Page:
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Melbourne | Boulter falls with no shame to Sabalenka

Melbourne | Boulter falls with no shame to Sabalenka

Britain’s Katie Boulter from London gave a good account of herself in Melbourne, but did not have enough guns to overcome the 11th seed, Aryna Sabalenka of Belarus, to reach the second round of the Australian Open.

I’m going to stay focused on the right things, I’m not going to be thinking about winning or losing, I’m just going to do the same thing every day for the next year Katie Boulter

Sabalenka was last year’s WTA Newcomer of the Year and is a tour sensation at the age of just 20, having already won a tournament this year in Shenzhen.

Tipped as a dark horse to win the Australian Open, the Belarusian said on Monday that she didn’t want to talk about titles or she would go crazy.

Nevertheless, she is one of the favourites on the back of sizzling recent form, which saw her beat eight top 10 players late last season and win three WTA tournaments.

The Belarusian has one of the biggest games in women’s tennis, with a serve the envy of most players on tour, sending down a first delivery of 191km/h in round one.

Her backhand ball speed is right up there, too, at 139km/h, so she is able to take time away from her opponents like few others in the game.

That Boulter stood toe-to-toe against her for much of her 6-3 6-4 loss is to her credit.

Sabalenka, ranked at a career-high World No 11, used her fearsome power game to get past the rapidly improving Brit, the current World No 97, in their first-ever meeting, which lasted an hour and 13 minutes.

In fact, Boulter came out firing, withstanding Sabalenka’s power, and was rewarded with a break in the opening game after the Belarusian led 40-15.

Sabalenka fought through a tough game to break directly back, but over the first five games, the Brit stayed with the favoured seed and her power game.

Gradually Sabalenka began to take command, with a love break for 4-2, closing out that game with a blistering backhand return winner.

The Brit continued to fight, holding for 5-3 and opening the next game with consecutive return winners, putting her two points from getting back on serve, but the Belarusian had other designs, powering down strong serves to get her out of trouble and reach set point.

There, a forehand crosscourt winner sealed the one-set lead by the closest of margins, with Sabalenka striking 2 more winners and 2 fewer unforced errors than Boulter in the opening frame.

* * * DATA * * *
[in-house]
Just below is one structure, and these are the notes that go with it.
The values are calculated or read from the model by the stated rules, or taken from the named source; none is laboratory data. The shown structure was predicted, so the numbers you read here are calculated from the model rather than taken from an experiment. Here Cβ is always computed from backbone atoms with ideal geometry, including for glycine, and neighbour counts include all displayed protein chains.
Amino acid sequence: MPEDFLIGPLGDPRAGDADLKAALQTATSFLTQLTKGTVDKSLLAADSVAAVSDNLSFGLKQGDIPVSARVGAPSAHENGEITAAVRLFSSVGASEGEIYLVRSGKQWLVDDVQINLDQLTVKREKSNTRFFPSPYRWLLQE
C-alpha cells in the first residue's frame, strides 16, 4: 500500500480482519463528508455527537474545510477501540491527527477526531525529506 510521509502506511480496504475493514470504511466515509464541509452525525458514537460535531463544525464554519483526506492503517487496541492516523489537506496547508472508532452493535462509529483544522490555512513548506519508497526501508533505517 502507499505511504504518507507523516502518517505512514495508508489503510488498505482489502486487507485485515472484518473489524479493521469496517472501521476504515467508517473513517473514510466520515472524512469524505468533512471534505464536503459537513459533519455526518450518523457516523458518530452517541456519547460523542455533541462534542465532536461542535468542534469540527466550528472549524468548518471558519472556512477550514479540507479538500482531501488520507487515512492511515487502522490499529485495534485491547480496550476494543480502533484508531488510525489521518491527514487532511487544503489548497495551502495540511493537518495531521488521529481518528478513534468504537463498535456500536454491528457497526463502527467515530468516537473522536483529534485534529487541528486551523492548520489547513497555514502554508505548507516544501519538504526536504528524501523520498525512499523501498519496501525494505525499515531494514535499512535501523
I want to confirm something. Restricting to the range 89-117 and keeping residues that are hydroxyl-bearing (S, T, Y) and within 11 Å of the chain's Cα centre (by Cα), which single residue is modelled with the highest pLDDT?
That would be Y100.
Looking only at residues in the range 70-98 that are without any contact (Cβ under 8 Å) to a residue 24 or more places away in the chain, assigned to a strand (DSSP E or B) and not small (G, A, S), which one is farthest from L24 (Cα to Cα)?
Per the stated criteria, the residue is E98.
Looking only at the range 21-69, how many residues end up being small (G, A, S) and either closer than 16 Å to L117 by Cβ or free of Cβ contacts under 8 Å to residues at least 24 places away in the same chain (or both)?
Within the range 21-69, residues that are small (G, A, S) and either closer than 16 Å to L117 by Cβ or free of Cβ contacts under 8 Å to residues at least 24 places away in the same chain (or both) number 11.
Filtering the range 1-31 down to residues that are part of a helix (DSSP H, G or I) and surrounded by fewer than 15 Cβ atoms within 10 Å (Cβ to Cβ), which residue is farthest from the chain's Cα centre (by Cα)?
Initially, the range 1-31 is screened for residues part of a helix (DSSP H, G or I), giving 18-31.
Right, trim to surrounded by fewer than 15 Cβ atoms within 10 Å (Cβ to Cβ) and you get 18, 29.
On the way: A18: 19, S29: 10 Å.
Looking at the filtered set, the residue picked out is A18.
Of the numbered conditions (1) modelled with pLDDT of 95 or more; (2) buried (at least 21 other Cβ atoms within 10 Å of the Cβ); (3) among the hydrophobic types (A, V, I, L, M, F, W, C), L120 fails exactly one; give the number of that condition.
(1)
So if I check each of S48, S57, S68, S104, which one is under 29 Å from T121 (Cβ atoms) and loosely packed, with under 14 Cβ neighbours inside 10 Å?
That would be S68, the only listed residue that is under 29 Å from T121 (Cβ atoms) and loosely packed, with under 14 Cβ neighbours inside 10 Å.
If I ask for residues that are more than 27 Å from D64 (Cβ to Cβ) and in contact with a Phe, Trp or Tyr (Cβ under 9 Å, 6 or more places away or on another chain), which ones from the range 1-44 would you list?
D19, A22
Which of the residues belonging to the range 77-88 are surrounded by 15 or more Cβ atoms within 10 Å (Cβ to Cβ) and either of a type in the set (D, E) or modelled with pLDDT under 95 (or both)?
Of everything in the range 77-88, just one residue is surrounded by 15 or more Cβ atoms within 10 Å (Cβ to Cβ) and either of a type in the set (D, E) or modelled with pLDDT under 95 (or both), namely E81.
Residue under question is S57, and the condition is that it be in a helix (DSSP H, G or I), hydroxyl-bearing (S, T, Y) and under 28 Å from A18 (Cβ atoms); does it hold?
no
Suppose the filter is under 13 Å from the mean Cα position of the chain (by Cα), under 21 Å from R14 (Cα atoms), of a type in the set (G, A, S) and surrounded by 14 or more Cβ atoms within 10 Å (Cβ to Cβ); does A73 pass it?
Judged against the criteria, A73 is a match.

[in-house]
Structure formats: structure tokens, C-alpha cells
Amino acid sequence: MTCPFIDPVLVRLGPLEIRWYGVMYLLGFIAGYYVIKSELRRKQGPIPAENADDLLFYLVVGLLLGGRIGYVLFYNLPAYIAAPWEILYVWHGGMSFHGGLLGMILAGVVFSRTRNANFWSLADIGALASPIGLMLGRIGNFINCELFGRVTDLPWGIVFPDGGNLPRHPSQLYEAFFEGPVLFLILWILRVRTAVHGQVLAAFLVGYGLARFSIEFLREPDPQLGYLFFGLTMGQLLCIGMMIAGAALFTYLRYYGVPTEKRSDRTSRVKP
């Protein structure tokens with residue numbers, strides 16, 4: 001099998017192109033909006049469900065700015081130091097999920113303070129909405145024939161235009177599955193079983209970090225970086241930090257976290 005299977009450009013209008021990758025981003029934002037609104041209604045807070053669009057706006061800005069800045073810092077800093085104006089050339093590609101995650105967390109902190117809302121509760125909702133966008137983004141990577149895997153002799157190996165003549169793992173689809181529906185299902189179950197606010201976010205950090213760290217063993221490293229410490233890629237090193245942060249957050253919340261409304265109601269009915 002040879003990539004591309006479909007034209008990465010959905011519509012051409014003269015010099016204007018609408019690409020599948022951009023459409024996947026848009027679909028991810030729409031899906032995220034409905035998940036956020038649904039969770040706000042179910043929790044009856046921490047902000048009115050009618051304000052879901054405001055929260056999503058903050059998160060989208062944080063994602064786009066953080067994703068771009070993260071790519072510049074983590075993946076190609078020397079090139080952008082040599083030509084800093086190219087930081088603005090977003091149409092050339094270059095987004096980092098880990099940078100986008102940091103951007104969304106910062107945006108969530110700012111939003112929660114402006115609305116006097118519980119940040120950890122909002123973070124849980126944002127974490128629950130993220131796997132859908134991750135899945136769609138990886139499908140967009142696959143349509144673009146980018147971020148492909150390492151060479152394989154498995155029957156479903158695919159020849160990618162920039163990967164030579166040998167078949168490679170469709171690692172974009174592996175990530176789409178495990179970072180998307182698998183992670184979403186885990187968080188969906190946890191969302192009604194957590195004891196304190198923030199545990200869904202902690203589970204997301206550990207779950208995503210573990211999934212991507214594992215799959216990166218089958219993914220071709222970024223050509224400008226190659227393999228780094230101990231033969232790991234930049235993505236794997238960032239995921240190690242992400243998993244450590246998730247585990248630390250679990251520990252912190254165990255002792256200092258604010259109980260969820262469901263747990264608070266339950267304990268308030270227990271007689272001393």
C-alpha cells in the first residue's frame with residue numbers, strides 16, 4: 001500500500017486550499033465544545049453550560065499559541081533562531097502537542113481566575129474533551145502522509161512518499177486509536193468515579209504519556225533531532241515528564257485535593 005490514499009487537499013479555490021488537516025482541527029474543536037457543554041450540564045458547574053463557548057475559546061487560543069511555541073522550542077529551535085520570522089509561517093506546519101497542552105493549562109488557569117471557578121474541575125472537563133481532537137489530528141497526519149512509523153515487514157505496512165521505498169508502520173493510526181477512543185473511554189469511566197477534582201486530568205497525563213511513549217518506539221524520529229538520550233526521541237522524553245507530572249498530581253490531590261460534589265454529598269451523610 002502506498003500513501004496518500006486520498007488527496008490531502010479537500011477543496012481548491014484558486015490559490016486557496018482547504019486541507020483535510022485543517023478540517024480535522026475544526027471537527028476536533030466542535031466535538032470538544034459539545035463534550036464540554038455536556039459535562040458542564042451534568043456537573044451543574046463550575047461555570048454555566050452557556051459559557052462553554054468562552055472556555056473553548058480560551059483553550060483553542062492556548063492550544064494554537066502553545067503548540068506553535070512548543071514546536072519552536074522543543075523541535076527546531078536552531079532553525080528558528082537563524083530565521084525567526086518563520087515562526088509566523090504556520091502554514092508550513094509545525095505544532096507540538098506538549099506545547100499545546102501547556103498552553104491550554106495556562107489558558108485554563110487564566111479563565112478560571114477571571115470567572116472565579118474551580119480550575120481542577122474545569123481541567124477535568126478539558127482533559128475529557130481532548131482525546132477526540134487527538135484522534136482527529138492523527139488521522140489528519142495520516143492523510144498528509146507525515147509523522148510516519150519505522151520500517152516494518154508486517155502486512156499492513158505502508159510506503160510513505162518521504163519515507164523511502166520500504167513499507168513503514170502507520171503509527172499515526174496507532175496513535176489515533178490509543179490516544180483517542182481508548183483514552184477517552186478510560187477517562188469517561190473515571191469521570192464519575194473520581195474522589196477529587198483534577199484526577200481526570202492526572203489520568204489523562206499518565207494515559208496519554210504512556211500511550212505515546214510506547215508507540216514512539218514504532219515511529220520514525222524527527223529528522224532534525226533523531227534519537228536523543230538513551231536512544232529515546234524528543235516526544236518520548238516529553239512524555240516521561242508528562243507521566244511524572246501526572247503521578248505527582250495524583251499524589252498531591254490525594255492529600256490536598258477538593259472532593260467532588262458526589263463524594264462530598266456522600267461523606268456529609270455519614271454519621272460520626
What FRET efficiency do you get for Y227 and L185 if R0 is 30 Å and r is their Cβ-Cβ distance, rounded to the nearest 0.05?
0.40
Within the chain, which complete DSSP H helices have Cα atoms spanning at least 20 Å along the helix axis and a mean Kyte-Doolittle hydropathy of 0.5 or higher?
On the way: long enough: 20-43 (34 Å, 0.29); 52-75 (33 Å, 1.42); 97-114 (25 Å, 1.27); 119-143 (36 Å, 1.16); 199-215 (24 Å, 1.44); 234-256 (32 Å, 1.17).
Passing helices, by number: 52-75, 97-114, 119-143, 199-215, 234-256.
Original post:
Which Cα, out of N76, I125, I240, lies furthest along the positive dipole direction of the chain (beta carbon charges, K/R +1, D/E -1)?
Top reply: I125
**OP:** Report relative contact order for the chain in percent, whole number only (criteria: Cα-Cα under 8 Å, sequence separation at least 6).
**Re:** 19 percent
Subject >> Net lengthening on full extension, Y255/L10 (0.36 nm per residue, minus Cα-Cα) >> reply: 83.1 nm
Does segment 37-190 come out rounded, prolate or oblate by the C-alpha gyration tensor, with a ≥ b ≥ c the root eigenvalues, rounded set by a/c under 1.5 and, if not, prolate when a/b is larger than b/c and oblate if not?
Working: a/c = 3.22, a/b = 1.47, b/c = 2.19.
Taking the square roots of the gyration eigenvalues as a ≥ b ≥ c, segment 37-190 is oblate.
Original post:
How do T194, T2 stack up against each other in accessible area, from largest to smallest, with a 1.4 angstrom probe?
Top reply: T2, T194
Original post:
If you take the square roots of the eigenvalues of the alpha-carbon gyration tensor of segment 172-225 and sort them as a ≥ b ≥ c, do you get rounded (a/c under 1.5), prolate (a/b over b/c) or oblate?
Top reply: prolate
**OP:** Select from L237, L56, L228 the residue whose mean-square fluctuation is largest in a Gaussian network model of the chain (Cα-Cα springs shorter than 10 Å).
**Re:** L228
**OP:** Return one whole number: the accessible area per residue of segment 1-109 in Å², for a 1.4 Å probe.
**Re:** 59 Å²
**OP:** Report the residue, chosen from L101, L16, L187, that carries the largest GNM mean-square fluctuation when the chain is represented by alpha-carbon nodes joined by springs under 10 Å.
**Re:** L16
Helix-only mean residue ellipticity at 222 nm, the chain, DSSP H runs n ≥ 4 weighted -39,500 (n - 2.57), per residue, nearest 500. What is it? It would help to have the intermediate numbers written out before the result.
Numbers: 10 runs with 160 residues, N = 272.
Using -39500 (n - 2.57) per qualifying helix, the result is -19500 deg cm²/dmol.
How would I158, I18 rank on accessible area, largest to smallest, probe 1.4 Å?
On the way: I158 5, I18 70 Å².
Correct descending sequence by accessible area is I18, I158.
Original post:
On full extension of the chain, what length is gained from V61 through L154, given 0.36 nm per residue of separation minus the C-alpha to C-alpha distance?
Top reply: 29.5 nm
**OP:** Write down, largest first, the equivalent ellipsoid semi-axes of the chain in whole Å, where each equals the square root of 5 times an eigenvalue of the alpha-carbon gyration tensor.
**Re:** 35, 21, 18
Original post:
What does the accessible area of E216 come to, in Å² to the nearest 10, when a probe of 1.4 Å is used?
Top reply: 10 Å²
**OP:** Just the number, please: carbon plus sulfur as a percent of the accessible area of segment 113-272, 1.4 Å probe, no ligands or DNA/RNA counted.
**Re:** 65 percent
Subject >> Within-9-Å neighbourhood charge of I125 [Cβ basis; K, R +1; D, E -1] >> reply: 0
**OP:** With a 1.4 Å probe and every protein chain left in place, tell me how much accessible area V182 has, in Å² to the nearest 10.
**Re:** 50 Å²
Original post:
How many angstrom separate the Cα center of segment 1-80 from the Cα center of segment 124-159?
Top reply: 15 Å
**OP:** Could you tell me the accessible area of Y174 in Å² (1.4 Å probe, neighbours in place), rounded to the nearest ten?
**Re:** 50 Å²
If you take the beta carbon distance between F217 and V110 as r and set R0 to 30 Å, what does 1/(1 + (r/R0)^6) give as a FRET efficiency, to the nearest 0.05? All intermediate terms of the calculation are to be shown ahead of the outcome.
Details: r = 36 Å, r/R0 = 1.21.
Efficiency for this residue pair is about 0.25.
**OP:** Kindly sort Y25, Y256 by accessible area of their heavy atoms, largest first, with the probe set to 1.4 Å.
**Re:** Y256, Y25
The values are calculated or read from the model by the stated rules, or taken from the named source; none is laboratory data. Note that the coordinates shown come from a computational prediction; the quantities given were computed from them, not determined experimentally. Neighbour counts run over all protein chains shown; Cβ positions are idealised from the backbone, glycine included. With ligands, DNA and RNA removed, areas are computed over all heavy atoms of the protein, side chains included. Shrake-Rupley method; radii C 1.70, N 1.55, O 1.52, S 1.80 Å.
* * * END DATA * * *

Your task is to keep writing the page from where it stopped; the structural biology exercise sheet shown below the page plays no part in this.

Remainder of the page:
Katie Boulter, the fast improving Brit

Getty Images

Boulter made the best of a very tough draw and deserves credit for her win over former top-10 player and Australian Open semi-finalist Ekaterina Makarova in round one.

“I put so much hard work in last year to get to this point right here,” the 22-year old said ahead of the match.

“I’m going to stay focused on the right things, I’m not going to be thinking about winning or losing, I’m just going to do the same thing every day for the next year.”

She also fought hard against Sabalenka and showed no signs of nerves on Melbourne Arena on Day 3, as if relishing the occasion, and getting more comfortable at playing at this level.

The towering 5’ 11’ presence of Sabalenka, however, is daunting at best, regularly putting Boulter on the back foot and her powerful shots earned a break the third game of the second set.

Boulter, nevertheless, held on and forced her opponent to serve out for the straight sets victory.

The Belarusian will now play 17-year-old American Amanda Anisimova in the third round and urged all Boulter’s fans to get behind her from now on.

“I’d like to ask all the guys supporting her [Boulter] that they should come to support me in the next match,” she said.

When asked about her chances at this Grand Slam, she added: “I just focus on each match. We will see. Who knows what will happen.

“I just want to be better with every match and improve on all things.”

Boulter’s loss leaves Johanna Konta as the last Briton standing in Melbourne after Dan Evans lost to Roger Federer in the second round on Wednesday.

Other Brits had already fallen in the opening round, with tough draws for British No 1 Kyle Edmund against Tomas Berdych, Harriet Dart against five-time Slam champion Maria Sharapova, while Heather Watson lost to seeded Petra Martic.

Cameron Norrie was perhaps the most disappointing result given his win over Taylor Fritz in the week building up to the event, while Andy Murray’s spirited exit to Roberto Bautista Agut warmed the hearts of the British public.

Now it is up to Konta to maintain interest from the UK’s perspective beyond Thursday, but she faces the daunting task of two-time Grand Slam winner Garbiñe Muguruza.

Konta has beaten her twice before and both have dipped in form, and ranking over the past two years, but the former World No 1 will head into that one as the favourite to advance.

Should Konta go out, there will be no British singles action at the weekend or beyond and that just highlights how much Murray will be missed.





About The Author

Barbara Wancke

Barbara Wancke is a Tennis Threads Tennis Correspondent who has been involved in the sport for over 40 years, not only as a former player, umpire and coach but primarily as an administrator and tennis writer contributing over the years to Lawn Tennis, Tennis World, and Tennis Today. She has worked with the Dunlop Sports Co, IMG and at the ITF as Director of Women’s Tennis, responsible, amongst other things, for the running of the Federation Cup (now Fed Cup), and acting as Technical Director for tennis at the Seoul Olympics (1988). She subsequently set up her own tennis consultancy Tennis Interlink and was elected to the Board of the TIA UK where she became the Executive Administrator and Executive Vice President until she stood down in July 2014 and is currently an Honorary Vice President.

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